Fourth Quarter Comeback: Why elite athletes can end up on the Biggest Loser

I'm a sports fan. Let me rephrase that. I'm fanatical about sports: all sports. I'm also a registered dietitian. So you can imagine my intrigue when I saw the commercial for this fall's season of The Biggest Loser. This season, the show's contestants are all former elite athletes.

Some athletes have experienced trouble transitioning to the real world after their playing days are over. The most common pitfall for former players has been financial, but others have also struggled to stay fit.  

Michael Phelps with 12,000 calories of food. Photo by Total Pro Sports.

Unlike most of us, limiting calories is of little concern to athletes while training at elite levels. In fact, they seek calories—Michael Phelps’ 12,000 calorie a day diet is perhaps the most well-known example of this. The life of an NFL player, for example, is filled with two-a-day practices and training tables. When these two staples disappear, however, balancing calories and physical activity becomes a much greater concern. Food choices that were once made for them now demand their attention. Overbearing trainers demanding “one more!” are now no more. 

This begs the question, for NFL athletes exchanging gridirons for griddles, which is more important for maintaining a healthy weight—calories burned or calories consumed?

For an expert opinion on the matter, I turned to Leslie Bonci, MPH, RD, CSSD, LDN and sports dietitian for the Pittsburgh Steelers for the past 20 years. “Actually it is some of both,” she explained. “Once many of these players stop playing, they take a break from physical activity, but don't adjust their intake.”

For superstar athletes, the number of calories needed to maintain season-long energy, in-game endurance, and adequate post-game recovery far exceeds the needs of any weekend warrior. Us active folks like to fancy ourselves “athletes,” but, for even the most active among us, nutrition needs between leisure athletes and professional athletes are two entirely different ballgames.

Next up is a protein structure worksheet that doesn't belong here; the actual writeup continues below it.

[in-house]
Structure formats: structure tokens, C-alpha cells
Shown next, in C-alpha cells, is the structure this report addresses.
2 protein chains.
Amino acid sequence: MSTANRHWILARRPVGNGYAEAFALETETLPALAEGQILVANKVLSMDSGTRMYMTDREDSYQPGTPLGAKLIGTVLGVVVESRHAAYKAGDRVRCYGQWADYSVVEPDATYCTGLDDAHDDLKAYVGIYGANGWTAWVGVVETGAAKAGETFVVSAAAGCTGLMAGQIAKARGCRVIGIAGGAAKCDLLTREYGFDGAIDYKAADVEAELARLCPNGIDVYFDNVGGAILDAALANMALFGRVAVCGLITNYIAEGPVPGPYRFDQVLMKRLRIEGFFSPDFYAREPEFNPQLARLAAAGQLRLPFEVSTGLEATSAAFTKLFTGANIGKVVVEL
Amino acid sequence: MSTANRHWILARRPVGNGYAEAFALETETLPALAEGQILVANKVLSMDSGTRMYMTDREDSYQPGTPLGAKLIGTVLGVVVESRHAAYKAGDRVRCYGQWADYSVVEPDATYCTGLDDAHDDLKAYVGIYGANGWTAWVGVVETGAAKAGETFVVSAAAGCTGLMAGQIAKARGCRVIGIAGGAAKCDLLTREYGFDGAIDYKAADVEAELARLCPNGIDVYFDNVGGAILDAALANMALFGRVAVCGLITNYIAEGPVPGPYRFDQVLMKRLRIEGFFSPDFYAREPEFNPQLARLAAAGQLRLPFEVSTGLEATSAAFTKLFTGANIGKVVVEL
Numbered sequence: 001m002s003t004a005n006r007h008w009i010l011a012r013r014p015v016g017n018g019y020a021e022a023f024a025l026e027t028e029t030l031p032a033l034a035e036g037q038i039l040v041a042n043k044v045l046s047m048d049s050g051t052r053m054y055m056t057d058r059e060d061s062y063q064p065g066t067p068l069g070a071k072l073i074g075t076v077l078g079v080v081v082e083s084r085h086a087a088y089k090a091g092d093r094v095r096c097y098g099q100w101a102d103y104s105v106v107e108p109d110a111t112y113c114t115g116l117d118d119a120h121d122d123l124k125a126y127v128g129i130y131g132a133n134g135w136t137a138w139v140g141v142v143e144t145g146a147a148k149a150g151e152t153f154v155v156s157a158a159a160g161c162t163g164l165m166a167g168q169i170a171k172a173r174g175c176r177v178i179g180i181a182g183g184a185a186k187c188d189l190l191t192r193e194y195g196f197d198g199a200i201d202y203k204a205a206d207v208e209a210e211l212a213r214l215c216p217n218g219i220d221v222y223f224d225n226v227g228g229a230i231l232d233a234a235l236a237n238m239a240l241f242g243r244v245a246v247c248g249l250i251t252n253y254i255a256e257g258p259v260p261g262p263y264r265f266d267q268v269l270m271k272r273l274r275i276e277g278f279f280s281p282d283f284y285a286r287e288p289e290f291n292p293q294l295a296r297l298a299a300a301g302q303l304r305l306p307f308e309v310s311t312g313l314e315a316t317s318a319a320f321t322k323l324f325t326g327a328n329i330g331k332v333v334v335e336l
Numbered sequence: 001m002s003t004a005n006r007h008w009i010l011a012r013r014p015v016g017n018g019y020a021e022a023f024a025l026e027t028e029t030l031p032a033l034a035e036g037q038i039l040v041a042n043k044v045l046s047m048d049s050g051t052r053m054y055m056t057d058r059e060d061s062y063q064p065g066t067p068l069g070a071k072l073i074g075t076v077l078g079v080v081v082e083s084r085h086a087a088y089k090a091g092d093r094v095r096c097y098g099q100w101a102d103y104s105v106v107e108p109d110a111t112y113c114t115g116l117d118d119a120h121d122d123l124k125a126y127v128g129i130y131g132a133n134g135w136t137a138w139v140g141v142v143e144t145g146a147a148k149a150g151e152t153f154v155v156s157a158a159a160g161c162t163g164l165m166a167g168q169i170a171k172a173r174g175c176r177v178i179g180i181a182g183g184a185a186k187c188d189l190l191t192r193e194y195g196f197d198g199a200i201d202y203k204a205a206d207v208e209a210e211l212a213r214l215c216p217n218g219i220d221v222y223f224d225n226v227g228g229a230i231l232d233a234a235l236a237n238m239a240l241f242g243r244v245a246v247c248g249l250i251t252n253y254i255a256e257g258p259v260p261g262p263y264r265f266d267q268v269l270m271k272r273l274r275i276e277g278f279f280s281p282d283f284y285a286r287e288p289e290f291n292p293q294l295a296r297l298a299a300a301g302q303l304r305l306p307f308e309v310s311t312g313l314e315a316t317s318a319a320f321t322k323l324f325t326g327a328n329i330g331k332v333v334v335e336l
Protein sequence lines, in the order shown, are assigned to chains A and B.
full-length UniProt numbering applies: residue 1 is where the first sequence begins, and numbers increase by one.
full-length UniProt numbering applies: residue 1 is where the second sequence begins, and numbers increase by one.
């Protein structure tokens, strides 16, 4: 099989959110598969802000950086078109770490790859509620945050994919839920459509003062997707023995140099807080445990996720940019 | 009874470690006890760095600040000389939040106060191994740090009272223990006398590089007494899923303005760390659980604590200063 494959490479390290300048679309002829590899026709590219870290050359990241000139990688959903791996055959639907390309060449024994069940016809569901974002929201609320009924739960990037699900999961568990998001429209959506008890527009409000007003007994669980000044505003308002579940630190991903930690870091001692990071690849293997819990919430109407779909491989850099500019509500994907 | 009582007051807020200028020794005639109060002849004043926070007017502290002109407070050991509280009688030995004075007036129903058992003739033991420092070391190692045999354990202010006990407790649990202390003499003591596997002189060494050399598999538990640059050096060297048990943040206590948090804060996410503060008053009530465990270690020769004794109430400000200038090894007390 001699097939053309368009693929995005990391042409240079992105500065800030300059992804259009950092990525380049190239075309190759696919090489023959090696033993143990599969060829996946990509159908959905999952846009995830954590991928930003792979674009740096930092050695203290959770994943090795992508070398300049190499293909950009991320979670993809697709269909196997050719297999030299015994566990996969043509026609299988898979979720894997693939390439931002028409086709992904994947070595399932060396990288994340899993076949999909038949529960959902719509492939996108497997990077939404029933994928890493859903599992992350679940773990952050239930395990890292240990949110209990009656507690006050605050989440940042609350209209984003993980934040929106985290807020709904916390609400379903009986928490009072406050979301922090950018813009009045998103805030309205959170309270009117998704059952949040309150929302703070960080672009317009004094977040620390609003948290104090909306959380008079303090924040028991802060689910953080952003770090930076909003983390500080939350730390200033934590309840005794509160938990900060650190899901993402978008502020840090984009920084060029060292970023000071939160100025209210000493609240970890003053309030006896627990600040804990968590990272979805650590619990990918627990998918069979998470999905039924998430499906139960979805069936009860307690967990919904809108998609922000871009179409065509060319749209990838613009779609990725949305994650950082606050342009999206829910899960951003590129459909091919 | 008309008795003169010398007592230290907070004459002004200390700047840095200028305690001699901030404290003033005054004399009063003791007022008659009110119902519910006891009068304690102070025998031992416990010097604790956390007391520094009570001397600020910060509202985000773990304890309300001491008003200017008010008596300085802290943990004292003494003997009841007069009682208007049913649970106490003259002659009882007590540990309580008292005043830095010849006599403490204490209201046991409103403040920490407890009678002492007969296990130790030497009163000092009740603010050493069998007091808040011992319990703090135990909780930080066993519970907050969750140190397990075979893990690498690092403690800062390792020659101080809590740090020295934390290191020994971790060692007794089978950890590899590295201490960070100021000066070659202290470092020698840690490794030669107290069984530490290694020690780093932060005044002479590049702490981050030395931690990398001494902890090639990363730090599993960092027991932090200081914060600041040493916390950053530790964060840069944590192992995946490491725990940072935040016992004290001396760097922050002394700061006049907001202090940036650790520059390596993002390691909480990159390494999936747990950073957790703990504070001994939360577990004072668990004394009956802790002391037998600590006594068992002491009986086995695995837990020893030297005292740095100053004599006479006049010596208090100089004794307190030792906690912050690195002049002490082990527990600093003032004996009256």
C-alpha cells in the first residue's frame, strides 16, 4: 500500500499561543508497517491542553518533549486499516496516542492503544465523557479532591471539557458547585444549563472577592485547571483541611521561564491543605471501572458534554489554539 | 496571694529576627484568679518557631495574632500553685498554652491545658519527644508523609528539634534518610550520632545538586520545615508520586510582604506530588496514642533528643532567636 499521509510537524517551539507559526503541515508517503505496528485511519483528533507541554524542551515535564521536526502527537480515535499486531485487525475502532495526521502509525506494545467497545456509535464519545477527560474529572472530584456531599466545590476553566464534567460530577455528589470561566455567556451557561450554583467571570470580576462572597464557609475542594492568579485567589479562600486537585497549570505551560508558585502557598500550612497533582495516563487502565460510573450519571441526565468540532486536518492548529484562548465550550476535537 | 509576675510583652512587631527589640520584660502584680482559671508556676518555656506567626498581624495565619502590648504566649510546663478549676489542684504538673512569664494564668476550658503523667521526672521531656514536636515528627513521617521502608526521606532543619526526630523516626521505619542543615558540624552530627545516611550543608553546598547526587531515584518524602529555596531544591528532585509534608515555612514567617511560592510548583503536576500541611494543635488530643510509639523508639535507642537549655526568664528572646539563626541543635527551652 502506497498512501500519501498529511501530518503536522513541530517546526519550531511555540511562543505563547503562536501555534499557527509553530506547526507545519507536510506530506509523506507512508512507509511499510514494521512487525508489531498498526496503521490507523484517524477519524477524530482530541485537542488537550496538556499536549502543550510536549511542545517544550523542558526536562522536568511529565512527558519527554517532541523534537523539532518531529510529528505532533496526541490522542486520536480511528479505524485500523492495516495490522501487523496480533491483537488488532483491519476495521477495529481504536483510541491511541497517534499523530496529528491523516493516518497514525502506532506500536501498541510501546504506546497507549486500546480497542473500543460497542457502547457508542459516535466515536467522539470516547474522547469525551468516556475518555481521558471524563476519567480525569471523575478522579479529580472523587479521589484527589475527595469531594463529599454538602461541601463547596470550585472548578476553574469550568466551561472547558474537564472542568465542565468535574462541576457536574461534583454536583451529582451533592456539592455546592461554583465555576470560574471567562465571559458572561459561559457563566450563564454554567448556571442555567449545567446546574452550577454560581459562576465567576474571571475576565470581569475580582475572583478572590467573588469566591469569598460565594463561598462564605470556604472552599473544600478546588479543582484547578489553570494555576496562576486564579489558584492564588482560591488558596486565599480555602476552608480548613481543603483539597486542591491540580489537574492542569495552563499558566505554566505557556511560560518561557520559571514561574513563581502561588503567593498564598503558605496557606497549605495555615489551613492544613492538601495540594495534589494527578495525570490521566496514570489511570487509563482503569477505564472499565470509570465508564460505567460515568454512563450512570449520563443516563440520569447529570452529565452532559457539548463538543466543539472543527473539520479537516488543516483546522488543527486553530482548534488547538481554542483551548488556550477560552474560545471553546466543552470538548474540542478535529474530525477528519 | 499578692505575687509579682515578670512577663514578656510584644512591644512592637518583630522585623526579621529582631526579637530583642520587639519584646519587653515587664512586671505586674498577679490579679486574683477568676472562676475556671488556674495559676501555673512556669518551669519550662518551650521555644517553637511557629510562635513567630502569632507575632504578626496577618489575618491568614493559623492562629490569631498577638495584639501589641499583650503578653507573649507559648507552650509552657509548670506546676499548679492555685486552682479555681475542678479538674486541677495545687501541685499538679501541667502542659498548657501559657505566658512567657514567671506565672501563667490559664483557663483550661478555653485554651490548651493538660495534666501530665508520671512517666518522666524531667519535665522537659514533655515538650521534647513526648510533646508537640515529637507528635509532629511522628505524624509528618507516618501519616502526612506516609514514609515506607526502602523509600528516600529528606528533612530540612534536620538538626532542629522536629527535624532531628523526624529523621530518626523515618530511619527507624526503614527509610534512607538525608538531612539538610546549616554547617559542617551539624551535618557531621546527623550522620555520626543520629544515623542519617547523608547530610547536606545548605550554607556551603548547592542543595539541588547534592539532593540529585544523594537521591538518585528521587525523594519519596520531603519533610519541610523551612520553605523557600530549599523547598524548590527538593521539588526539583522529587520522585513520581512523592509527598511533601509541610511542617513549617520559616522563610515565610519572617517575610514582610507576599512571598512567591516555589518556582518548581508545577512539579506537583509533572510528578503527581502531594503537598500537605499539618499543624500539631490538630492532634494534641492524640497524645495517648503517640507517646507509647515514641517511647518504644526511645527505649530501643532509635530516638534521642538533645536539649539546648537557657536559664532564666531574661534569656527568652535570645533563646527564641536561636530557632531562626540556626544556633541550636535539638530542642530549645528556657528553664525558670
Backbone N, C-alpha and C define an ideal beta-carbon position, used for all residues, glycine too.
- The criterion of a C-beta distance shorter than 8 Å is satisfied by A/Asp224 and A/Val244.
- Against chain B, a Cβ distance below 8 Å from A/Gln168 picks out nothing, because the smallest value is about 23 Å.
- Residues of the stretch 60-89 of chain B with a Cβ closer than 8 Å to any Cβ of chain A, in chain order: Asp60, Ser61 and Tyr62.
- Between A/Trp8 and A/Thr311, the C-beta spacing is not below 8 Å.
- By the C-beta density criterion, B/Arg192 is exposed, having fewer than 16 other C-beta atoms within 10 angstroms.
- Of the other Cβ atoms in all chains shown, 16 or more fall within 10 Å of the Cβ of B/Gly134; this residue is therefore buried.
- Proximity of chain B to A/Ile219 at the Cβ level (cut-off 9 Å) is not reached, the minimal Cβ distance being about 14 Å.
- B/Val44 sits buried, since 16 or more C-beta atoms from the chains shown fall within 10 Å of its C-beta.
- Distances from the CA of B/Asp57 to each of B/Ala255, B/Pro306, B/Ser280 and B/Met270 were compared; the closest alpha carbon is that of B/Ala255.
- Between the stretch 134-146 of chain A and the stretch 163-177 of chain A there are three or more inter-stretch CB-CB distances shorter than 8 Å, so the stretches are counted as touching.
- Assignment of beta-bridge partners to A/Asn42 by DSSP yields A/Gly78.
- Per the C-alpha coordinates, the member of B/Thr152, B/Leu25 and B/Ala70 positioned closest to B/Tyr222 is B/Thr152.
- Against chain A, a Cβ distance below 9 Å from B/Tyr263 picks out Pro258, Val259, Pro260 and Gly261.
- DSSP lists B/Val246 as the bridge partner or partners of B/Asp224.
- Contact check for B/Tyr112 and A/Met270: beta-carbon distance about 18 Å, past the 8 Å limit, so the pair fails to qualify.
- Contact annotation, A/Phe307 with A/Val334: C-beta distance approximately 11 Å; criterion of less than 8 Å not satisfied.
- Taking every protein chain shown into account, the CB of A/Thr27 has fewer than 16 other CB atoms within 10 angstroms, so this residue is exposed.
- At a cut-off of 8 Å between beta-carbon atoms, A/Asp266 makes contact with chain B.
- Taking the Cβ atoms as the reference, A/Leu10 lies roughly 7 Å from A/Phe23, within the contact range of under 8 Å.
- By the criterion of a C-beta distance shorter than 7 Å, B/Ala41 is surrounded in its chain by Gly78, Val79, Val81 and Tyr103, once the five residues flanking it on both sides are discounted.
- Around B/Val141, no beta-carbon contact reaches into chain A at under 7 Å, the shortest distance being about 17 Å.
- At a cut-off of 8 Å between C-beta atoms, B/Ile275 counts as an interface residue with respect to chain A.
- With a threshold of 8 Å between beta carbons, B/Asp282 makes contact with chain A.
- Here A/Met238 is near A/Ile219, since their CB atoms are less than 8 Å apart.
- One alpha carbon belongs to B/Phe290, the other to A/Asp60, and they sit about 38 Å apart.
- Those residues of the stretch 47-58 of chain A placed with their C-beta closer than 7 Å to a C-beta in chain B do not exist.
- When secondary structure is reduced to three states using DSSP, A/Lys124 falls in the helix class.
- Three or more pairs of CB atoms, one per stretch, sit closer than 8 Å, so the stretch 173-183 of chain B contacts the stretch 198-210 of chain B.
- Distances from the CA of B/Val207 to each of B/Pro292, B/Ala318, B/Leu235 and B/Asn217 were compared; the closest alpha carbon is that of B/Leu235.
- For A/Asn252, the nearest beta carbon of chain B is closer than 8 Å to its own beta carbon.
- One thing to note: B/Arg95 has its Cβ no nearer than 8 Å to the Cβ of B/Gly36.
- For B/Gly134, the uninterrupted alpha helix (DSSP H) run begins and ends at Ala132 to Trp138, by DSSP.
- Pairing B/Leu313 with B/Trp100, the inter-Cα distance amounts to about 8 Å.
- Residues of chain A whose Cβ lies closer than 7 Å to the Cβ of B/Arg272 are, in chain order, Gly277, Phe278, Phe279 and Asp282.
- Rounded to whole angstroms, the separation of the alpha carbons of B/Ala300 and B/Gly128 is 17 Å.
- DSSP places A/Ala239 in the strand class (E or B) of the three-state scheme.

The Biggest Loser Season 16 cast: All former elite athletes. Photo by NBC Studies.

When NFL players retire and join us as weekend warriors, many have a hard time changing their training table mindset. “Ideally the goal is to keep up some degree of physical activity but learn how to eat to live—not to survive on the playing field,” said Bonci. In other words, NFL players must learn to adapt their diet for a new (less active) lifestyle; a lifestyle much more like us weekend warriors. Yes, we all have something in common with NFL alumni: we each strive for a healthy weight, not a playing weight.   

Unfortunately, the down-sizing needed by many NFL players when they leave the game for good is challenging to say the least. “It can be a rude awakening when transitioning from needing to be a big and formidable opponent to right-sizing one's body to thrive, strive, and stay alive,” said Bonci.

Some have made the transition successfully, but others like Damien Woody and Scott Mitchell (two former Detroit Lions and current Biggest Loser competitors) have not…yet. They’ll both be looking for a “comeback” this season, just not the fourth-quarter type they used to live for. This comeback will help them live well into the fourth-quarter of life. I’ll be rooting for them—and not just while they’re on the show. Will you?


**Leslie Bonci is the author of “Sport Nutrition for Coaches, Human Kinetics.” You can follow her on twitter @lesliebonci.